• Process flow sheets

    We will usually start with sketching one or more process flow diagrams of your process. This will break down the complexity to well-know unit operations which we can connect with mass streams, power and control signals.

    A first process flow sheet will typically just be sketched in hand or in a power point presentation, so it is easy and cheap to modify as we explore the possibilities to find the most feasible solution. It can also be on a blackboard in a first kick-off meeting.

    Even a simple model will often provide more insight leading to certain modifications of the flowsheet. This could for example be integration of a heat exchanger to reduce external heating and cooling demands.

  • Process simulations

    We can build a virtual model of your process which will give a complete overview of all the mass and energy streams connecting the unit operations in your process.

    OPEX: The operating costs are usually directly proportional to the energy streams

    CAPEX: The capital investment costs are determined by the dimensions of the equipment which can be estimated based on the mass streams, some design rules, contacting to vendors or gained from experience

    TCO: The Total Cost of Ownership is easy to calculate once the OPEX and CAPEX are known.

    The model can be a stationary or dynamic model. A dynamic model can also be used to train process operators before they get responsibility for operating the real plant. A dynamic model can also be used for a HAZOP study to avoid failures and serious accidents. This is often required by the classification company for approval.

    The Matlab Simulations can be linked to an excel user interface so all stakeholders can benefit from the simulation results without knowing the details behind the model. We can also make and host a web application, so the model is easy to access from any web browser. This will avoid any IT security problems as no software or macros need to be installed locally. The web application can be password protected.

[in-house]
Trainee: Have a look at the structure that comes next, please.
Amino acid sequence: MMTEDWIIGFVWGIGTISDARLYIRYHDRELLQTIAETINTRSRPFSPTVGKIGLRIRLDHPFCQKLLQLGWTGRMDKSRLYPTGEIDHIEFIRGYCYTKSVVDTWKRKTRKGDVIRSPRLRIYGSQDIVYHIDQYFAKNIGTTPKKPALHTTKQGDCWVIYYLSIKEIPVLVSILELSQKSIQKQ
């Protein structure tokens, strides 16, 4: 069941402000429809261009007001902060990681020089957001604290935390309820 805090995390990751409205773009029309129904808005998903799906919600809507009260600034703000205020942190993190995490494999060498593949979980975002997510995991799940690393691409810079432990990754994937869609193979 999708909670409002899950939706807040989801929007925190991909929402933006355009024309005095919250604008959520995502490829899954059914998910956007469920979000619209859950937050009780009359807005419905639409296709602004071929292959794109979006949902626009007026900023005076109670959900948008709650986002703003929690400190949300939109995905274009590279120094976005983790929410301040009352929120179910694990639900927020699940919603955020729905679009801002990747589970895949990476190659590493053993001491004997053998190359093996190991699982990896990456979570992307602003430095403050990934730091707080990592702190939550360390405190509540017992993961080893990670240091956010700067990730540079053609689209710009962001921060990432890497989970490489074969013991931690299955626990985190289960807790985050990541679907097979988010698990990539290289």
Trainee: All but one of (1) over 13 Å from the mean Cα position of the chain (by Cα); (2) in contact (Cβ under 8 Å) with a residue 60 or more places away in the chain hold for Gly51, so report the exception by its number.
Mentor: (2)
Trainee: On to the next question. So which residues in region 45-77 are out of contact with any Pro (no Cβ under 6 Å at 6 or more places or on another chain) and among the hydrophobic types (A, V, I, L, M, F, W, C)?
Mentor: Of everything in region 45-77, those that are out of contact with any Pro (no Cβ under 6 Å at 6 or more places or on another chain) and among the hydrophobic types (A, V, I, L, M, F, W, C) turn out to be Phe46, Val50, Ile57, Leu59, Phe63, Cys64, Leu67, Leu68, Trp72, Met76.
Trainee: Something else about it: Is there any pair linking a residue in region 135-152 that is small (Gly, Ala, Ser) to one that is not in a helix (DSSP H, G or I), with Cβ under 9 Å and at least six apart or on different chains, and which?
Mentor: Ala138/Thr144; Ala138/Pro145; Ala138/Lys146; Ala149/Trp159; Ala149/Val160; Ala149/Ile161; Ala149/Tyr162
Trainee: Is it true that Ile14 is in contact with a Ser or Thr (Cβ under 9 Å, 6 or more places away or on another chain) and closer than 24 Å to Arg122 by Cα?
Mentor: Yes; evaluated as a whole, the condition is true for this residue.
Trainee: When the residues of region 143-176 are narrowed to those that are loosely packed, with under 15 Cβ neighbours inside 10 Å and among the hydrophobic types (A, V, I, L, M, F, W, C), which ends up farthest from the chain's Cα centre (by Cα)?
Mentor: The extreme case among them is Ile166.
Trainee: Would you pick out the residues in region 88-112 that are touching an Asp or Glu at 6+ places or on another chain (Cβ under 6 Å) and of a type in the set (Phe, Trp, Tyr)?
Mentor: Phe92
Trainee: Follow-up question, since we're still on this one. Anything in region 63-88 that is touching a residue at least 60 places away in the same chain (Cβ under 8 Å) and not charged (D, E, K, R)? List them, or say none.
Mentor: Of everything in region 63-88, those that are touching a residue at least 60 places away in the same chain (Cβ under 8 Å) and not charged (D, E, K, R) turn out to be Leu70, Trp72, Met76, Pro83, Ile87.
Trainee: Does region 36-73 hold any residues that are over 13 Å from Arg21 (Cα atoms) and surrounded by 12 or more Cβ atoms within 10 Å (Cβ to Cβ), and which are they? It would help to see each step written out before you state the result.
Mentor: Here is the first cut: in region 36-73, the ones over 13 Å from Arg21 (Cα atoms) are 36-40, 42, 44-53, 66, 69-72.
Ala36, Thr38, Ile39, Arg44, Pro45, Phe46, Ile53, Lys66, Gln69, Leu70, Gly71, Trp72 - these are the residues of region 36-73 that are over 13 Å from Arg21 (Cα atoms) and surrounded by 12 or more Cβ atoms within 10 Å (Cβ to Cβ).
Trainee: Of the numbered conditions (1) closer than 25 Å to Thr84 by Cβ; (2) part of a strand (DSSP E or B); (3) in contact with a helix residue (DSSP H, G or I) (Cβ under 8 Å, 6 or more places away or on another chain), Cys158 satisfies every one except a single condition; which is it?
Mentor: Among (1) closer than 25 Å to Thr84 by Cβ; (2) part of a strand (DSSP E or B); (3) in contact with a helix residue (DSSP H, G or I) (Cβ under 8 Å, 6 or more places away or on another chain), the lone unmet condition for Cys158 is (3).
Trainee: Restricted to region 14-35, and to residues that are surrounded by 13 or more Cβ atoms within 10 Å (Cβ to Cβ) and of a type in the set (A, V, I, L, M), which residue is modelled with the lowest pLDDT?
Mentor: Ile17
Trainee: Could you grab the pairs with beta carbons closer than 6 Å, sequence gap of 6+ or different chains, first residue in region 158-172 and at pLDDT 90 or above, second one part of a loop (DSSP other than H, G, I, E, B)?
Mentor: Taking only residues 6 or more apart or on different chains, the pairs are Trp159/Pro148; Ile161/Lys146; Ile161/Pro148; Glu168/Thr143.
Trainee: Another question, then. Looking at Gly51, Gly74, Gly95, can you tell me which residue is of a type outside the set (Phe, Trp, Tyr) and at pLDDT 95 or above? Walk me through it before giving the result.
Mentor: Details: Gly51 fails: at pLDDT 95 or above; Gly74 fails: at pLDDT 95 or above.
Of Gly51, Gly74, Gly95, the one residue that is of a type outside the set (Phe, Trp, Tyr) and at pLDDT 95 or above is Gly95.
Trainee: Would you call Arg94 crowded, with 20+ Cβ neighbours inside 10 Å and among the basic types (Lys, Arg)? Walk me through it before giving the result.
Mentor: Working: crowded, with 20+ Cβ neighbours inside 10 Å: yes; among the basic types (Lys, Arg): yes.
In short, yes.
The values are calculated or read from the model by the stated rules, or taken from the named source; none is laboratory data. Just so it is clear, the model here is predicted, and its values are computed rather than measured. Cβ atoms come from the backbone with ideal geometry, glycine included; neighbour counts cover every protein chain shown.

• Process and Instrumentation Diagram (P&ID)

    Once the flowsheet is more established, we can help to make a more professional P&ID in AutoCad or similar. This will also include the necessary valves and instrumentation for controlling the process.

    When the desired solution has been selected, we can transform the process flow diagram into a detailed process and instrumentation diagram (P&ID) including all valves and sensors for proper control and monitoring of your process.

    All process units, pipes, valves, and instruments will be equipped with a tag number so a part list can be generated. Based on this, we can start to approach different suppliers to access the likely dimensions and costs of all the equipment.

    The detailed P&ID can be generated in AutoCAD Plant 3D and shared to all stake holders.

  • Control software

    The detailed P&ID must be linked to an operation philosophy, which is a high-level description of how the process should be controlled. This is also a very important document for the class approval and for any programmers to make a more detailed PLC code. We can help you with all this.

  • Data analysis and visualization

    Once the process is up running, data from the most vital sensors will normally be logged.

    Based on these data, it is possible to tune the parameters in the model, so it becomes even more certain to predict the future and more applicable for further process optimization and trouble shooting. A smaller test unit might also be installed first to generate data. These data together with the model are then the key to scale-up to a larger process facility with greatest possible certainty.

    Visualisation of the data is important to create awareness about “what matters” among the operators and other stakeholders. More dynamic and interactive charts can provide a much faster and precise overview of certain key performance indicators (KPIs) compared to old fashion trend plots or excel sheets.